This section is a listing of books I’ve read and rated over a 45 year span (I started keeping track of what I’d read at age 11 on index cards), organized by author, with no attention paid to what category (SF/fantasy/General/Non-Fiction) the works are.
This list should be used as a preliminary guide – buying a book based on a single (opinionated) number is probably not a good idea. The items listed here are links to the Amazon review pages, and most of them have a least a few informative reviews there that should help in forming a buying decision.
This listing highlights those books with ratings of 8.0 or higher – books I think are excellent reads. These works represent about 10% of the total – following Sturgeon’s law that 90% of everything is crud (perhaps ‘crud’ is a little extreme, but much of what is published is only good for some light entertainment, and has little lasting value).
If you peruse this list, you might find some surprises in my ratings for what are often considered ‘classics’, such as works by Dickens, Hawthorne, or Dostoevsky, which I judge to be no more than ‘average’ or slightly above. To some degree, this reflects my preference for books that never forget that they are stories, first and foremost, and large amounts of description or philosophical musings I find are detractions to the degree that they interrupt the story. As many 19th century novels are replete with this type of discourse, their ratings suffer. (And there are exceptions to this, too, such as Melville’s Moby Dick, where half the book is filled with details about whales, whaling, and pointed philosophical statements – but for some reason this one really clicked with me). I also have a tendency to not particularly care for most of the post-modern works, as I find their emphasis on stylistic gimmicks, non-linear modes of presenting a story, and unreliable narrators to all detract from the basic point of telling a story. Humorous books are very hit and miss with me – things like Catch-22 and The Hitchhiker’s Guide to the Galaxy just never hit my funny bone, while Bored of the Rings did.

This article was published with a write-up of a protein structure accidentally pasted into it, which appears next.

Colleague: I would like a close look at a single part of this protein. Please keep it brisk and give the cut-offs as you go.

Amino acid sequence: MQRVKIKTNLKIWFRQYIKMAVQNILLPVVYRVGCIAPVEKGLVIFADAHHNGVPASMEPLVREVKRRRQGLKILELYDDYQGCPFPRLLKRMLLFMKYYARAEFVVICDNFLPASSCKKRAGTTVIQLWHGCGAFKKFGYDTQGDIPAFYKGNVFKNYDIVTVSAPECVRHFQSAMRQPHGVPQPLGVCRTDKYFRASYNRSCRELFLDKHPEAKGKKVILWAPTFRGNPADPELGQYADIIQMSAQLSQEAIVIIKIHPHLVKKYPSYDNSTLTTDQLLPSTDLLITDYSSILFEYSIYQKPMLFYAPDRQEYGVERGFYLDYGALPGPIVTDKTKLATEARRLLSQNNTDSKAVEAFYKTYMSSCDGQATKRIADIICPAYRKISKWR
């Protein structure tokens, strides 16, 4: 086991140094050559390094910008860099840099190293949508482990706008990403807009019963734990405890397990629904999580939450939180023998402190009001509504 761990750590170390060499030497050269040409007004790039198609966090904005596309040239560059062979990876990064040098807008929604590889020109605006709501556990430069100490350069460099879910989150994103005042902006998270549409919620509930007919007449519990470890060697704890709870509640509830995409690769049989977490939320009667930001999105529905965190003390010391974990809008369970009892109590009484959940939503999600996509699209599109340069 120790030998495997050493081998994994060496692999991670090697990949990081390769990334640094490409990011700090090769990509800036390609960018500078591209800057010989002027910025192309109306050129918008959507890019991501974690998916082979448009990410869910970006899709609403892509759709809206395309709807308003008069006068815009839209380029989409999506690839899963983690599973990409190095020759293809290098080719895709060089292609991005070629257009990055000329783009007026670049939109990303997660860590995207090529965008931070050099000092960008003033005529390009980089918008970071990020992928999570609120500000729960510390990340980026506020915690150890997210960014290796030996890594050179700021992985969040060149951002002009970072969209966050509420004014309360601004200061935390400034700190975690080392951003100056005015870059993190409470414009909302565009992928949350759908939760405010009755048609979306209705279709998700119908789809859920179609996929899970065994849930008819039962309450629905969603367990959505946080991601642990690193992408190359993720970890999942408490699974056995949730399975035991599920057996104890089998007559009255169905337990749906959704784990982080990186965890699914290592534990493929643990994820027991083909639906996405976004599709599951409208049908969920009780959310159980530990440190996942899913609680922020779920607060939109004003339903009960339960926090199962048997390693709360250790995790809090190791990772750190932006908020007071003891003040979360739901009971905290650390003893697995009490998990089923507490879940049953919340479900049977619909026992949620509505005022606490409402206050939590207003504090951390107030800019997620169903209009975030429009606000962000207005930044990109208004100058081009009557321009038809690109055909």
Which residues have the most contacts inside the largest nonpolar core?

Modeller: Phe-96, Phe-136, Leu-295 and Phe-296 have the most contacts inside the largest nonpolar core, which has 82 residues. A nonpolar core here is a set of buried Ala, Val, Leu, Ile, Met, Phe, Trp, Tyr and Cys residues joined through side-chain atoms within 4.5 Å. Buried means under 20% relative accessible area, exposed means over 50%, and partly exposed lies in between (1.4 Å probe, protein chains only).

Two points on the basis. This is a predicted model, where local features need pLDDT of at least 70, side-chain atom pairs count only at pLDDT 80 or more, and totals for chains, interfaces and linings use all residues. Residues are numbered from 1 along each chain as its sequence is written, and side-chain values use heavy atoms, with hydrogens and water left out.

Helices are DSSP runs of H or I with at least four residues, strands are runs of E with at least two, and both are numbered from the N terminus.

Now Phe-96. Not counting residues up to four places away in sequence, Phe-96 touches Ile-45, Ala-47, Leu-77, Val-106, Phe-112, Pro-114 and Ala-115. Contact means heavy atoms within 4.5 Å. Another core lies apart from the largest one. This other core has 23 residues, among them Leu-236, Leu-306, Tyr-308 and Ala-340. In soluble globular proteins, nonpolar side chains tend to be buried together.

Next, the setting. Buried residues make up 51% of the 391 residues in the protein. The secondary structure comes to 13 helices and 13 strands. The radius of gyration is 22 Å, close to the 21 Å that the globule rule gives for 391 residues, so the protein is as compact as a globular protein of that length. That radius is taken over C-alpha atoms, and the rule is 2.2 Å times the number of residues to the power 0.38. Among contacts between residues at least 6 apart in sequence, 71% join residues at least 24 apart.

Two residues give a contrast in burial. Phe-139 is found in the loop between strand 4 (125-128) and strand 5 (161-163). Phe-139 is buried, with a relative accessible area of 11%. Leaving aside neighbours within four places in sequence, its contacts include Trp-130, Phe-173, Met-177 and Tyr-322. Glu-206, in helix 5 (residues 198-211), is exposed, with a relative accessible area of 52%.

Some of the listings will indicate the sequence for books that are related to each other and the order in which they should be read. Some very long sequences (such as Bradley’s Darkover or Norton’s Witch World sets) do not indicate the sequence number, as the later books can normally be read in any order or the structure is that of snapshots of a world/universe at different times and places and are not closely linked.
Ratings for some of the YA books listed here (such as those by Walter Farley and Jim Kjelgaard) should be looked at with a critical eye – I read most of these when I was eleven or twelve, and haven’t re-read most of them since, so these ratings are from my viewpoint at that age – which may be quite a bit different from what my reaction to them would be reading them today. However, most of these works are recognized by many others as being very good fiction for their intended age group, so if you are looking for such material for your children, my ratings may be perfect. Note that this does not apply to the Heinlein YA books – I’ve re-read all of these within the last five years, and my ratings are based on that most recent read (and it is very iffy to call these ‘YA’ books – they are mainly adult stories with adolescent protagonists, readable by almost any age).
Ratings for short story collections are something of a problem, as almost invariably there are a couple of poorer stories included in such books, which brings down the overall story rating average. For these types of books, a 7.0 is a high rating, and a 6.5 will almost always have a least a couple of stories that are more than worth reading.
Also somewhat problematic are what are known as ‘fix-up’ novels, made from multiple short stories that were later edited and probably with some new interstitial material added to make up the published book form, as I normally read these as the short stories as they were published in the SF magazines. Usually there is not enough difference to materially affect my ratings, but there are a few where the novel form is much stronger than the individual stories (examples include Simak’s City, van Vogt’s The Weapon Shops of Isher, Sturgeon’s More than Human). There is also the problem of magazine editors doing their own ‘special’ edits of novel-length manuscripts to make the story fit their pages – this nearly always detracts from the novel’s quality (as an example see Heinlein’s The Puppet Masters, which comes off much poorer in the magazine version and the early paperback editions – make sure you get the complete, unedited version of this). Pages are listed by author’s last name.
So what do my ratings mean? A basic breakdown is as follows:
|9+||Demands a re-read, a truly great book|
|7.5 – 8.5||Excellent, has special qualities|
|6.5 – 7.0||Above Average, but usually only good for one read|
|5.0-6.0||Average, nothing special, but readable|
|4.0-4.5||Fair, usually a tired idea or mildly flawed characterization|
|3.0-3.5||Poor, multiple flaws, only marginally readable|
|2.0-2.5||Bad, should never have made it past the editor’s desk, not readable|
|1.5 and lower||Should have been burned instead of published|
There are a little over 1500 works listed here (not everything I’ve ever read, but all those which I can remember or have documented), and for those statistically minded, the breakdown of my ratings is as follows: